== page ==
In 2009, Mark Schmeller included a similar graph at the beginning of an article on the partisan origins and uses of the term “public opinion” in the 1790s. To demonstrate that in the 1790s a “chorus of newspaper writers … had just begun to fortify their arguments with references to public opinion,” Schmeller performed a keyword search of “public opinion” in the database Early American Newspapers, Series I, published by Readex. He then graphed the results with occurrences per 100 publications on the y-axis and years on the x-axis. For Schmeller’s argument, this timing of the uptick in occurrences was important to his larger argument that discourse about the meaning of “public opinion” was shaped by debates over political economy and public finance occurring at the same time.
In 2009, Amanda Bowie Moniz performed searches in a few titles in Readex’s America’s Historical Newspapers for instances of the word drowned in order to find and catalog instances of drowning in the 1770s and 1780s. These results became one part of her argument that the rise of increasingly cosmopolitan humane societies for the resuscitation of drowning victims were not driven primarily or only by an increase in drowning incidents.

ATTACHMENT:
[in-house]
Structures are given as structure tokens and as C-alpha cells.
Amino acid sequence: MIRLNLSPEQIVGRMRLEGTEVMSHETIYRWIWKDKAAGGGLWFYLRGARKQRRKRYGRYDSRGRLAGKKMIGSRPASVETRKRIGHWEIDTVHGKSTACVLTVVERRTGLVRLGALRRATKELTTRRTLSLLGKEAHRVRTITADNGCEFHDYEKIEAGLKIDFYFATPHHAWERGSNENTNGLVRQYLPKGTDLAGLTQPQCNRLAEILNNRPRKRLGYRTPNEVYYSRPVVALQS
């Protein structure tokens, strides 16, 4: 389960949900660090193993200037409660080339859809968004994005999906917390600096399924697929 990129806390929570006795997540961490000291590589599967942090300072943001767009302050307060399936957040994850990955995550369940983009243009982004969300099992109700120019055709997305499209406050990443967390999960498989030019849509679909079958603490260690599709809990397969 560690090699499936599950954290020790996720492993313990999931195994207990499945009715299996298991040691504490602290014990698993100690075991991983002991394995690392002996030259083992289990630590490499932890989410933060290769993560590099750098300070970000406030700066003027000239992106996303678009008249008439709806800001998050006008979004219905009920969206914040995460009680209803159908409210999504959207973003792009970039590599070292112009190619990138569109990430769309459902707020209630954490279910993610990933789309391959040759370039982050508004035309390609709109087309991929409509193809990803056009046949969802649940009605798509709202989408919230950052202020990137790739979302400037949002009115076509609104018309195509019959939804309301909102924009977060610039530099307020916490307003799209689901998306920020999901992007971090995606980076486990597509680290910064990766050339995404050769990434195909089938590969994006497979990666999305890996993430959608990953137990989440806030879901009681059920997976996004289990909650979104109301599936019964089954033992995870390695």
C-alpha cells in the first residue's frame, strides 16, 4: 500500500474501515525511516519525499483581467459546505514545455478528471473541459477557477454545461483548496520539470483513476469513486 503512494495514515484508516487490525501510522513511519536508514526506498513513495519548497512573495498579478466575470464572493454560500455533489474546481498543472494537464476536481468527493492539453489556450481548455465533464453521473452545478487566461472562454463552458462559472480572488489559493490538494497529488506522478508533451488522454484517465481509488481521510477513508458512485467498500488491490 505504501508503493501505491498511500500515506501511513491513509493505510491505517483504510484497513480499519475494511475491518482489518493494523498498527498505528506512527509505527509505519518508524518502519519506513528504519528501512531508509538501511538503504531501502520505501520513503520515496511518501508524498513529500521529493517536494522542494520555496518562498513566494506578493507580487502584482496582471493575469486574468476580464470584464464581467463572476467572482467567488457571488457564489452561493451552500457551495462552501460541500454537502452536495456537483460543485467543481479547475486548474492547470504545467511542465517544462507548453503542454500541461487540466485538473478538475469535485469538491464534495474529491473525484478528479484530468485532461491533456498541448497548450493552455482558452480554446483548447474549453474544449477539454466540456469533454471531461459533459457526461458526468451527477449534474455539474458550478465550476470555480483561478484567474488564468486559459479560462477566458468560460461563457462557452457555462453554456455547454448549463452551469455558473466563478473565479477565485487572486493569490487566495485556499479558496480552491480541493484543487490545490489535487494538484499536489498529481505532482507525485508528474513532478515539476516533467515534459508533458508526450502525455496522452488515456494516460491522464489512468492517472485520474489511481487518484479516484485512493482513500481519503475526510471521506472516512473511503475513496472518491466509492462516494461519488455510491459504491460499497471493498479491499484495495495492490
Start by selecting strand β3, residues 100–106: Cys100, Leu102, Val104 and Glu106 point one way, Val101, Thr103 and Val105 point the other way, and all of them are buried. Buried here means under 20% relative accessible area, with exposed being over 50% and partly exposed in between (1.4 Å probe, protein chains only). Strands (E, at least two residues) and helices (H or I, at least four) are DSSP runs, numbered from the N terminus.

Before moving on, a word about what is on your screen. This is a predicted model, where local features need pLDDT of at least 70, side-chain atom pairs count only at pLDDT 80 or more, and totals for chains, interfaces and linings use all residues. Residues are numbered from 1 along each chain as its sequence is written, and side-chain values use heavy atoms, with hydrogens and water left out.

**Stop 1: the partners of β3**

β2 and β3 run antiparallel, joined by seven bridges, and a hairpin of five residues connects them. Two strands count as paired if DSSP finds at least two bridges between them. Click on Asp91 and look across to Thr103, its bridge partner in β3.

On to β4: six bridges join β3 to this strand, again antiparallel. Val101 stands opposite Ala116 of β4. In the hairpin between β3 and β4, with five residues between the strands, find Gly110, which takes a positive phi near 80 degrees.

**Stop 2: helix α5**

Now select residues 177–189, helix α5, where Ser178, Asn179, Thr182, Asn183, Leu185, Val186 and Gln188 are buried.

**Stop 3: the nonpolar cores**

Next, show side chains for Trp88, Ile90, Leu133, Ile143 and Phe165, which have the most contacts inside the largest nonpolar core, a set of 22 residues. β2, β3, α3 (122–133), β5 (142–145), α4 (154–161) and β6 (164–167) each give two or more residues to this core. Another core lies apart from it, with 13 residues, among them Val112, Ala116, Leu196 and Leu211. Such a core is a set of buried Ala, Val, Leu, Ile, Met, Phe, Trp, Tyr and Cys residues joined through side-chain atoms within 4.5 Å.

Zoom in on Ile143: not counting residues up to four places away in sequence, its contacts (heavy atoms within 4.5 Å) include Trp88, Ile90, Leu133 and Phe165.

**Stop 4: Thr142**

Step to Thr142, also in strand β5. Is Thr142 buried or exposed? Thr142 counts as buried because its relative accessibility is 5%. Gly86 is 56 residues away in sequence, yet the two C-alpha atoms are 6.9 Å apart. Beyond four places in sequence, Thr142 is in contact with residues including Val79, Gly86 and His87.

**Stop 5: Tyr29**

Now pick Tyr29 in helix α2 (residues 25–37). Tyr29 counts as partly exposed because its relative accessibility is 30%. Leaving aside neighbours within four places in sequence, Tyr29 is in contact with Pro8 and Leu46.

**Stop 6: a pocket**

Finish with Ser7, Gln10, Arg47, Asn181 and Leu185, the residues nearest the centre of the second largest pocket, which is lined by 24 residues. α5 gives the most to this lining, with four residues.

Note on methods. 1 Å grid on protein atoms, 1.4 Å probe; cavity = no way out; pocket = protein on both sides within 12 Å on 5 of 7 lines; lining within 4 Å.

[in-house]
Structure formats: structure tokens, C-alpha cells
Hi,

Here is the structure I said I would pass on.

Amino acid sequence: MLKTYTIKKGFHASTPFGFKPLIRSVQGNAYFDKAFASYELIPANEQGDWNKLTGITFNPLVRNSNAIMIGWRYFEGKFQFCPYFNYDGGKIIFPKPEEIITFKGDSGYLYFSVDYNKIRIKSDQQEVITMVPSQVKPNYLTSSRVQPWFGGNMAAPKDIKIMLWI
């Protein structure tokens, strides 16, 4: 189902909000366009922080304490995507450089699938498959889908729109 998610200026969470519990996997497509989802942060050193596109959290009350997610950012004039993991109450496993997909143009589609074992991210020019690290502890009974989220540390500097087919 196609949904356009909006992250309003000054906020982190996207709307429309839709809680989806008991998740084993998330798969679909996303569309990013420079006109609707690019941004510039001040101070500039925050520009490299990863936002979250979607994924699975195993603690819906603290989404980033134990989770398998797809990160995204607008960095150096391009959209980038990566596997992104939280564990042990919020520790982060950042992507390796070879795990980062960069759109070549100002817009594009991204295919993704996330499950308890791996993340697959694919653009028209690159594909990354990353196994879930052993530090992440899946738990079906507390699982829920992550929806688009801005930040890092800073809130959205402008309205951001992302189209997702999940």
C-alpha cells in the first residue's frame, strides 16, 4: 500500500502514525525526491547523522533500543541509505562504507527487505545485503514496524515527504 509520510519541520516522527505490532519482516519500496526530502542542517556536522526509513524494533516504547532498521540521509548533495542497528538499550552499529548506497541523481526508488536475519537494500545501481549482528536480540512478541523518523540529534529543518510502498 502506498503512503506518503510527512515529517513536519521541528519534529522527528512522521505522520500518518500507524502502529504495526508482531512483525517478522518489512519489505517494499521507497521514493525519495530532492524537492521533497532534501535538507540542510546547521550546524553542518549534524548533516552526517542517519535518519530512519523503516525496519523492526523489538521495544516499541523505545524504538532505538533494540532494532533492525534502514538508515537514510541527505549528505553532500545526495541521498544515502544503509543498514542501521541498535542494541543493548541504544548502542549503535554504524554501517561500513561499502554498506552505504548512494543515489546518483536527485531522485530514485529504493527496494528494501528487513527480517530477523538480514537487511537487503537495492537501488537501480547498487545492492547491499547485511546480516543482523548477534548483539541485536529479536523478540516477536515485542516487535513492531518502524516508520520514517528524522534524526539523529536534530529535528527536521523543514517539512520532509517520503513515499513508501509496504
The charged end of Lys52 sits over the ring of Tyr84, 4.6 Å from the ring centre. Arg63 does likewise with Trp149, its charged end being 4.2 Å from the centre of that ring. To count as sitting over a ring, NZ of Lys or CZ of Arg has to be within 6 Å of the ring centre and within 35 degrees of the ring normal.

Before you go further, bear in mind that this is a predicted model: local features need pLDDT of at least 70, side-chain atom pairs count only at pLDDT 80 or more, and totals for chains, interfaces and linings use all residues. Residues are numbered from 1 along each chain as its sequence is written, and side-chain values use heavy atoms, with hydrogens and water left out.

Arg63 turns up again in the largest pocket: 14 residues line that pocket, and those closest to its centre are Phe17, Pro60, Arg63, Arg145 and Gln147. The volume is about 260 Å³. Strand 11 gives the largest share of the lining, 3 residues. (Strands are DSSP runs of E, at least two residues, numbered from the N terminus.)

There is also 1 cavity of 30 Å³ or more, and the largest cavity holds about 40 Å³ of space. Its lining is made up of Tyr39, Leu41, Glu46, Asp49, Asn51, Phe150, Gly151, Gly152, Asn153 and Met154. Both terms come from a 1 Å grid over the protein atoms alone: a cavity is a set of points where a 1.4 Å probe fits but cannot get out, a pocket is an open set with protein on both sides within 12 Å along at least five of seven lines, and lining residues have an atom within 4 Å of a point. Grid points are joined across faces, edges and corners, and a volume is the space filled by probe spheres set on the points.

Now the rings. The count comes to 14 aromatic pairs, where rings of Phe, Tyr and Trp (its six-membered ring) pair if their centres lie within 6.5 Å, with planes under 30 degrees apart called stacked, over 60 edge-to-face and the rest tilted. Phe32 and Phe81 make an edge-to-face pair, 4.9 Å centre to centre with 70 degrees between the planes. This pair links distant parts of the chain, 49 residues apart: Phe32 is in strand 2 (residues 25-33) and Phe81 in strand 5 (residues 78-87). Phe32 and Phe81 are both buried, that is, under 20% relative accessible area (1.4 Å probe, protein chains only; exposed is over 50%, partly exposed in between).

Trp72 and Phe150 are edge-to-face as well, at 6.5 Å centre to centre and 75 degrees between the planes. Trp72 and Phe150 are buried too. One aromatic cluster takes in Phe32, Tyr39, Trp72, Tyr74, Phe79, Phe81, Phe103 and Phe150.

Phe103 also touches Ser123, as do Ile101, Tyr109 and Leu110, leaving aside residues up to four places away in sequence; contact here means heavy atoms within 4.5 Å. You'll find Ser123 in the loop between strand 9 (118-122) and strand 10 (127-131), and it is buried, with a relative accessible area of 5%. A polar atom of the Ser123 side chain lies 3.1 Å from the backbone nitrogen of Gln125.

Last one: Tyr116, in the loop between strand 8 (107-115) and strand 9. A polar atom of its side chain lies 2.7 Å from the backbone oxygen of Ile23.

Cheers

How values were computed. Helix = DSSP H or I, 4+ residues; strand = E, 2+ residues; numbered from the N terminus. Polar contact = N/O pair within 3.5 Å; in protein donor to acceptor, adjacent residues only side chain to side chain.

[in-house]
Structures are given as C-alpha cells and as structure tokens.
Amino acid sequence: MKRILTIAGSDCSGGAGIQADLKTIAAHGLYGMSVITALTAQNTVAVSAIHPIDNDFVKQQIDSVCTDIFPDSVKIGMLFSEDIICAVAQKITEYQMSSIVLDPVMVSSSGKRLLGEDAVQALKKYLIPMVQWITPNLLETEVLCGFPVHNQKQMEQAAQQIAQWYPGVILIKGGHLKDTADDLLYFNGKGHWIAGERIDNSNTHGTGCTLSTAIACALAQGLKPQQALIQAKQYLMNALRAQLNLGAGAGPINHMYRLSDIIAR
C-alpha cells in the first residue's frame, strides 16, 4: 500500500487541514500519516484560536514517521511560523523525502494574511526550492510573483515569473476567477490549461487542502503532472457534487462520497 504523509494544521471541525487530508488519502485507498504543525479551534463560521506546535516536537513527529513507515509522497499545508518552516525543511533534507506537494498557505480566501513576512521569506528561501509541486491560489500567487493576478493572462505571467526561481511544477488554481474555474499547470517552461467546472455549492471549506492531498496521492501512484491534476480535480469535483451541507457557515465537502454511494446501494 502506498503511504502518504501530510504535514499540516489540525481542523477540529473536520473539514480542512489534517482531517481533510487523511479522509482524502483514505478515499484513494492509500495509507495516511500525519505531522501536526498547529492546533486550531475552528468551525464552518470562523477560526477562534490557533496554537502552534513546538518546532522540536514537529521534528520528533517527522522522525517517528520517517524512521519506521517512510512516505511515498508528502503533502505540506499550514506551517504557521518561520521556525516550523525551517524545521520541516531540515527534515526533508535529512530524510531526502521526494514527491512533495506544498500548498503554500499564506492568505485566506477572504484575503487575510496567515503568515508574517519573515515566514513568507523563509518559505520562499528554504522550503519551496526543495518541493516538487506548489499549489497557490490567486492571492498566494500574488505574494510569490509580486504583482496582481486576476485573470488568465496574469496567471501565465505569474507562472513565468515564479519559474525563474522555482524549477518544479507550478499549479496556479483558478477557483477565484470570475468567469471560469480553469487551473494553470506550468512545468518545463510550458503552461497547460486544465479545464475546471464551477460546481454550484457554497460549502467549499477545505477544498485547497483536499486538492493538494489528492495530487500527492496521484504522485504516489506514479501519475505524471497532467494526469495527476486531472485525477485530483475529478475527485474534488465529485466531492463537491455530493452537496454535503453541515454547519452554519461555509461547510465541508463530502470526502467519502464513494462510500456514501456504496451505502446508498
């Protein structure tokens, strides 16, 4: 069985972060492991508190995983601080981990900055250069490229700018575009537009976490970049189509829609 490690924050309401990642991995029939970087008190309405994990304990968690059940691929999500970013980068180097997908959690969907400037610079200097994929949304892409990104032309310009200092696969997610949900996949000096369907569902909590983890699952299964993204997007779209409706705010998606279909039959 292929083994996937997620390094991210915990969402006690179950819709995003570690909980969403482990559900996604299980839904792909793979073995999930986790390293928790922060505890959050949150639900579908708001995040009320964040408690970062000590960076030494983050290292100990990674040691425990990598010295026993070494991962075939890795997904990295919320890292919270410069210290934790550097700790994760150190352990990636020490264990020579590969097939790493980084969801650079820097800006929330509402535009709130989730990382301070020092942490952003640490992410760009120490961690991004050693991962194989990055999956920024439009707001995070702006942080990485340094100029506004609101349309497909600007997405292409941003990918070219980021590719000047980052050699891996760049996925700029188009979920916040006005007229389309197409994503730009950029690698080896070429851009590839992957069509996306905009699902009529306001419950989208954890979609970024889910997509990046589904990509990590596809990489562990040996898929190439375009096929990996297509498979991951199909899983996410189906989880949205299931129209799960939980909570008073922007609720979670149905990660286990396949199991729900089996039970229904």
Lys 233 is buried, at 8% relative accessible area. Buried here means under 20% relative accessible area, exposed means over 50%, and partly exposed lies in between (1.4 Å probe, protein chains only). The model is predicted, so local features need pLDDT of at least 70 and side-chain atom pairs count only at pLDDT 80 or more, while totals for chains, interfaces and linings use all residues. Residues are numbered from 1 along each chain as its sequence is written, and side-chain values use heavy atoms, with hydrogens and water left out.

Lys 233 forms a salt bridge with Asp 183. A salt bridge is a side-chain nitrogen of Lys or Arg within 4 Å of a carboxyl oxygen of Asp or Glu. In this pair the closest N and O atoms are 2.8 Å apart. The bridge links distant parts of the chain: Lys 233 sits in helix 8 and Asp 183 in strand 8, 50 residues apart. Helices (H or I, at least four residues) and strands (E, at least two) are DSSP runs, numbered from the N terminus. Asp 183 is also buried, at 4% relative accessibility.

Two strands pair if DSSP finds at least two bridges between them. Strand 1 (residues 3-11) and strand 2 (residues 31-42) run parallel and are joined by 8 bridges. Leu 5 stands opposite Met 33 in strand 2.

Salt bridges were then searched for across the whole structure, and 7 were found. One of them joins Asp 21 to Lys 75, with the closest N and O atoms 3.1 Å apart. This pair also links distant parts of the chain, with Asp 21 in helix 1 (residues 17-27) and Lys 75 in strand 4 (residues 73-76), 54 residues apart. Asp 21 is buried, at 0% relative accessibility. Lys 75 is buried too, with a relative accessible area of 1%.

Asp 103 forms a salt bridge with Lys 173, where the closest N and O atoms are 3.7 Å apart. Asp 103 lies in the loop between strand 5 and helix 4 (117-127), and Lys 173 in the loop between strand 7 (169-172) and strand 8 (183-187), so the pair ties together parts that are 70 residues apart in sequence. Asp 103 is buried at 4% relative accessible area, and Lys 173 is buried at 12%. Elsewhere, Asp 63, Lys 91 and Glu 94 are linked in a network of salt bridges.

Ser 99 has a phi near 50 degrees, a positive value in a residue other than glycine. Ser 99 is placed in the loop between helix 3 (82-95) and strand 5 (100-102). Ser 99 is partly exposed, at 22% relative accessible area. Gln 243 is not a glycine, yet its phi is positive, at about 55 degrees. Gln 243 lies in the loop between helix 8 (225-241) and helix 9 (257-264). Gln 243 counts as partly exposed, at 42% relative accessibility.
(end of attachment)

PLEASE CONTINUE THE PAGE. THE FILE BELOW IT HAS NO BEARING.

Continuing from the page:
Also in 2009, Nathan Kozuskanich made a forceful argument for the significance of digital research methods by suggesting that they can help settle legal disputes about the “original intent” of the Second Amendment. Kozuskanich searched for the exact phrase “bear arms” in a range of years in Readex’s digital version of the famous Evans bibliography of early American documents, in Readex’s Early American Historical Newspapers, and in the Library of Congress’s U.S. Congressional Debates database. In the combined results from all of these searches, which turned up almost 400 relevant hits, only about a dozen documents “do not use an explicitly military context when discussing bearing arms,” undermining the individual-rights interpretation of the Second Amendment’s original intent. Kozuskanich then went on to argue that close reading of his results also showed weaknesses in both of the understandings of the amendment’s original intent that prevail today.